NEW YORK (Reuters Health) - A no-needle anesthetic method is an effective means of pain control for men undergoing no-scalpel vasectomy, a popular type of vasectomy that involves a small puncture of the skin rather than an incision, according to a report in the journal Urology.
No-needle anesthesia uses a device (MadaJet) that injects an aerosolized local anesthetic into the skin, underlying tissue, and vas deferens without the need for a hypodermic needle, the authors explain.
Dr. Michael A. White and Dr. Thomas J. Maatman from Michigan State University College of Osteopathic Medicine and Michigan Urologic Clinic, Grand Rapids, compared jet injection anesthesia with needle delivery for no-scalpel vasectomy in 50 men. The patients received jet injection to one vas deferens and traditional nerve anesthesia to the other vas deferens before the procedure.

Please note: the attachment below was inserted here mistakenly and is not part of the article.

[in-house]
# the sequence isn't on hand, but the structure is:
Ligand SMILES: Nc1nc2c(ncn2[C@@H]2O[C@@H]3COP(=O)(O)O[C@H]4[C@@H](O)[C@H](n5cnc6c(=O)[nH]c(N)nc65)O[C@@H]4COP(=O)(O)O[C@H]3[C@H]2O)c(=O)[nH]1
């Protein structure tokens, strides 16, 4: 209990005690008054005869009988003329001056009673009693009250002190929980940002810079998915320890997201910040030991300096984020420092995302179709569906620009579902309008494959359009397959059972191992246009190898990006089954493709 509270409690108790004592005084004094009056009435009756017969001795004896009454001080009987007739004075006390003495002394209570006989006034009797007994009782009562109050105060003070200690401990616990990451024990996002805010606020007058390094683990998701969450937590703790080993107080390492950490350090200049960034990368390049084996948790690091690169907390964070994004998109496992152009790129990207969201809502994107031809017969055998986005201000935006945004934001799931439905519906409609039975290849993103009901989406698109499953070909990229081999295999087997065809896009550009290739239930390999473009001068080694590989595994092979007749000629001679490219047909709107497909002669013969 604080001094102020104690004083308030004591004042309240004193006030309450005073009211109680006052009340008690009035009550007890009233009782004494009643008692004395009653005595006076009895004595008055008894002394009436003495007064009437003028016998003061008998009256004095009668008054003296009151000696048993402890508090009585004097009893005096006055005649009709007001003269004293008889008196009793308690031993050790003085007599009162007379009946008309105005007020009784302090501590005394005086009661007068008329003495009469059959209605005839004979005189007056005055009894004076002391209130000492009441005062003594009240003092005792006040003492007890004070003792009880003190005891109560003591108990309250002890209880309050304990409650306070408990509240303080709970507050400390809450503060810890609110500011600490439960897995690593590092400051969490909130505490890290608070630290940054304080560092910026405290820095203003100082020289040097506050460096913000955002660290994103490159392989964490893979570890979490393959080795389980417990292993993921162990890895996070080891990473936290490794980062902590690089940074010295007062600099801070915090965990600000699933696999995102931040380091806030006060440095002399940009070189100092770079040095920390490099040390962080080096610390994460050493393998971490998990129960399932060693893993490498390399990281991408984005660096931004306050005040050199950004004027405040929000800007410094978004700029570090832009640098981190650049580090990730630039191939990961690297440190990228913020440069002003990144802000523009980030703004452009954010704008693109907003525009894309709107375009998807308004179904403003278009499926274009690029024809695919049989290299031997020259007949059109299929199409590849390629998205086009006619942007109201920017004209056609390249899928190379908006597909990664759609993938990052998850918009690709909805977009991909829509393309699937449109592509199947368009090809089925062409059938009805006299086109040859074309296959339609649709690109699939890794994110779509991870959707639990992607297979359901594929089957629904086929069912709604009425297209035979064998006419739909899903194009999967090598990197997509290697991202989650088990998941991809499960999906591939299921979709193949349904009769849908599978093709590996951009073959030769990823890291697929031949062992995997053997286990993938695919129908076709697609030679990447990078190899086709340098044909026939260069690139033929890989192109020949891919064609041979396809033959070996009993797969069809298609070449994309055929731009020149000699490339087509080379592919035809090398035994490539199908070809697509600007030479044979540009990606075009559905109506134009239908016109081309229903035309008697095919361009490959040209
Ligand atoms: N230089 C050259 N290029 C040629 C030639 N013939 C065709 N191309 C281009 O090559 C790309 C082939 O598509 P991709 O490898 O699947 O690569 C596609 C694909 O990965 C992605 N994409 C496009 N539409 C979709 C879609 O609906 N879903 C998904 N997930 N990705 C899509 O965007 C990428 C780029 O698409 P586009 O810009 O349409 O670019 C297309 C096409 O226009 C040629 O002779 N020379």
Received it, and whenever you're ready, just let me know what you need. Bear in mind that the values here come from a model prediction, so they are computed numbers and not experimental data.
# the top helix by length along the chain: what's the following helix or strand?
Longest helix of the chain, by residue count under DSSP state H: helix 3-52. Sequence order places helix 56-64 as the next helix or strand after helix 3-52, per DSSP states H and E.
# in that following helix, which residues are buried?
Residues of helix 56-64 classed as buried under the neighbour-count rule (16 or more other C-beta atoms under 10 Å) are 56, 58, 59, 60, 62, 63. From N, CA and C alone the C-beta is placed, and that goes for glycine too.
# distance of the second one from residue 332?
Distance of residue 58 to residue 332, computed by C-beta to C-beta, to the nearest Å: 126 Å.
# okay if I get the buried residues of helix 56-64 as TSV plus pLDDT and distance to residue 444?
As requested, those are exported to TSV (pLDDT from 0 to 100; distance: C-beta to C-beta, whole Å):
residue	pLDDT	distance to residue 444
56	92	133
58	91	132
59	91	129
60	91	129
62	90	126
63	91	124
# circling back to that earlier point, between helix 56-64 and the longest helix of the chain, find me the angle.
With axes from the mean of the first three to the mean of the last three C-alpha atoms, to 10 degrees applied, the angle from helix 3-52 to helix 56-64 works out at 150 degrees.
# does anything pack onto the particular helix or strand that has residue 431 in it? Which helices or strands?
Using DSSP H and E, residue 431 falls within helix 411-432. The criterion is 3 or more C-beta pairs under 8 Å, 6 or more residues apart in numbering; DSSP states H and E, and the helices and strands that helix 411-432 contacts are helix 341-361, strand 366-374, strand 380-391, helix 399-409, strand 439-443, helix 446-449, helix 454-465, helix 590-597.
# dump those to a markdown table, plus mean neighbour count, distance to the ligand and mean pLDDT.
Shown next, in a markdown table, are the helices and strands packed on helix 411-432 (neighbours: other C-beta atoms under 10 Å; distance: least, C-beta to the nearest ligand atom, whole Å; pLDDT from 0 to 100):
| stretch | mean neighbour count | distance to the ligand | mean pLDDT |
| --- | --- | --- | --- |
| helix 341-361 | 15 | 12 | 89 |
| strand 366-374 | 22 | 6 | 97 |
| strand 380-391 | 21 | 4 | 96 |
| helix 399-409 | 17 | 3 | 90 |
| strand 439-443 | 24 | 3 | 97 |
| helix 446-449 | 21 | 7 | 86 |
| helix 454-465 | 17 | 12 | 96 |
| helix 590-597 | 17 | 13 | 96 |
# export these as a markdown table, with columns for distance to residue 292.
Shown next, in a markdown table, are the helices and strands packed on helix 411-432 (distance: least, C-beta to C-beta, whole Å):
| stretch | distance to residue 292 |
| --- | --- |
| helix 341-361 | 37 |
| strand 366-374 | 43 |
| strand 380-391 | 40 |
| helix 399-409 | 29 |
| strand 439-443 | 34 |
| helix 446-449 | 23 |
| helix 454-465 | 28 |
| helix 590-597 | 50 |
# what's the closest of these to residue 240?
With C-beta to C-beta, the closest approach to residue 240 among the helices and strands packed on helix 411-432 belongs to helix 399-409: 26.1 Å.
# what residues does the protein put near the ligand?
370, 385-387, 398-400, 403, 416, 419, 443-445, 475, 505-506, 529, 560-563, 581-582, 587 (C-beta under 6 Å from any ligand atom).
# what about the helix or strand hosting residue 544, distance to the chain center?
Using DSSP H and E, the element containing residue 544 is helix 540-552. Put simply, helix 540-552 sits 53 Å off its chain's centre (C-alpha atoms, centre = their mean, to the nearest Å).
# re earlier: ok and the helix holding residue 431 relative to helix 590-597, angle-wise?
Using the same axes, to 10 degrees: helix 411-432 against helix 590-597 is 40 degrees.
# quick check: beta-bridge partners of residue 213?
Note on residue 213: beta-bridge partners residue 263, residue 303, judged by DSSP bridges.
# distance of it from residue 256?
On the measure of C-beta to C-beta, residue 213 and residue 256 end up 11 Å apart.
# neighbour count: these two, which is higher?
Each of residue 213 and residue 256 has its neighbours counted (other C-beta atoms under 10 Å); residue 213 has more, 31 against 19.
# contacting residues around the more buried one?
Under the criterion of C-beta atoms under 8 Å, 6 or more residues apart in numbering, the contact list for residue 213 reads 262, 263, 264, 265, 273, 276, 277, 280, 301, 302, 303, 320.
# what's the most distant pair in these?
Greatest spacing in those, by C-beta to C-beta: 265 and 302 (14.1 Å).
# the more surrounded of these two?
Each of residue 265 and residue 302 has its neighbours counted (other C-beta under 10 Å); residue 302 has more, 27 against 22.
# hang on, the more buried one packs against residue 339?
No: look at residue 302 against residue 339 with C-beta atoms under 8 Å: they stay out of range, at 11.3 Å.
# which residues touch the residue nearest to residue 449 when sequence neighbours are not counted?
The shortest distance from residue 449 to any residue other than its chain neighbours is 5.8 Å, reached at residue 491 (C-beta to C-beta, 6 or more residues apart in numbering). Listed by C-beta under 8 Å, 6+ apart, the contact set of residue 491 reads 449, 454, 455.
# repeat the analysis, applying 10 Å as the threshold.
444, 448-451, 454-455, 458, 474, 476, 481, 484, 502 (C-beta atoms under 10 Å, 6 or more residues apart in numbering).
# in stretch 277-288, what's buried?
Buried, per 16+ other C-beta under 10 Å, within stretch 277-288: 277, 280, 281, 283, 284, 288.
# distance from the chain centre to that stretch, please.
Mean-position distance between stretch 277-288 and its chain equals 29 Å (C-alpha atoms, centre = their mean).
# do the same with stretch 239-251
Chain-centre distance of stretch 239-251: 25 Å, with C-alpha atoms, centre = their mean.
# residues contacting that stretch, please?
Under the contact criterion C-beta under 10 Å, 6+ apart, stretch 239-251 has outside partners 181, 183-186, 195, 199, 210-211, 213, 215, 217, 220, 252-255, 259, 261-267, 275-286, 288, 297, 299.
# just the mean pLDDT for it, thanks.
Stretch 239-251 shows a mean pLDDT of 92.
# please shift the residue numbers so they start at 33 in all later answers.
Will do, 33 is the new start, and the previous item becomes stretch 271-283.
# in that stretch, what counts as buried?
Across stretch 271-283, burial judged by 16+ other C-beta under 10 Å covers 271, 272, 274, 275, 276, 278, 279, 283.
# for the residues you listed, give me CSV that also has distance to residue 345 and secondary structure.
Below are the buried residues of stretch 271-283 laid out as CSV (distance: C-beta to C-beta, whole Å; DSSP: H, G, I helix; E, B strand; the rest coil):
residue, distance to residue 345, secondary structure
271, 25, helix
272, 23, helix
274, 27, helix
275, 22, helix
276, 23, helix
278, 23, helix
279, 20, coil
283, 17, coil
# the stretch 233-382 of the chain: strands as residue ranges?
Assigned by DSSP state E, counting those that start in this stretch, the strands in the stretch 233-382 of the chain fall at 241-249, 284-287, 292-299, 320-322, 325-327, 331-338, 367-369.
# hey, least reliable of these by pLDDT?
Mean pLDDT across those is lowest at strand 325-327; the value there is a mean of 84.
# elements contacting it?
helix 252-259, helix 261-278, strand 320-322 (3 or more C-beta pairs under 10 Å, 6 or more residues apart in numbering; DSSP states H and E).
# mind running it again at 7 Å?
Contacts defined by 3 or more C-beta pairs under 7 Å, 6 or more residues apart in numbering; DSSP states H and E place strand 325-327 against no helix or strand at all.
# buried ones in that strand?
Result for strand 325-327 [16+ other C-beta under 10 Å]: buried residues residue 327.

Pain as measured with a standard scale was significantly lower with the jet injection than with the needle injection, the authors report.
The pain score for the vasectomy itself was lower after jet injection than after needle injection, but the difference was not significant from a statistical standpoint.
None of the patients required additional anesthesia to either vas deferens, the researchers say.
“No-needle anesthesia with jet injection reduces the pain associated with the traditional delivery of anesthesia to the skin and vas deferens before no-scalpel vasectomy,” the investigators conclude.
“Additional studies are needed with more subjects to evaluate whether the decrease in procedural pain is statistically significant when comparing the two types of anesthetics,” the authors add.
SOURCE: Urology, December 2007.
Our Standards: The Thomson Reuters Trust Principles.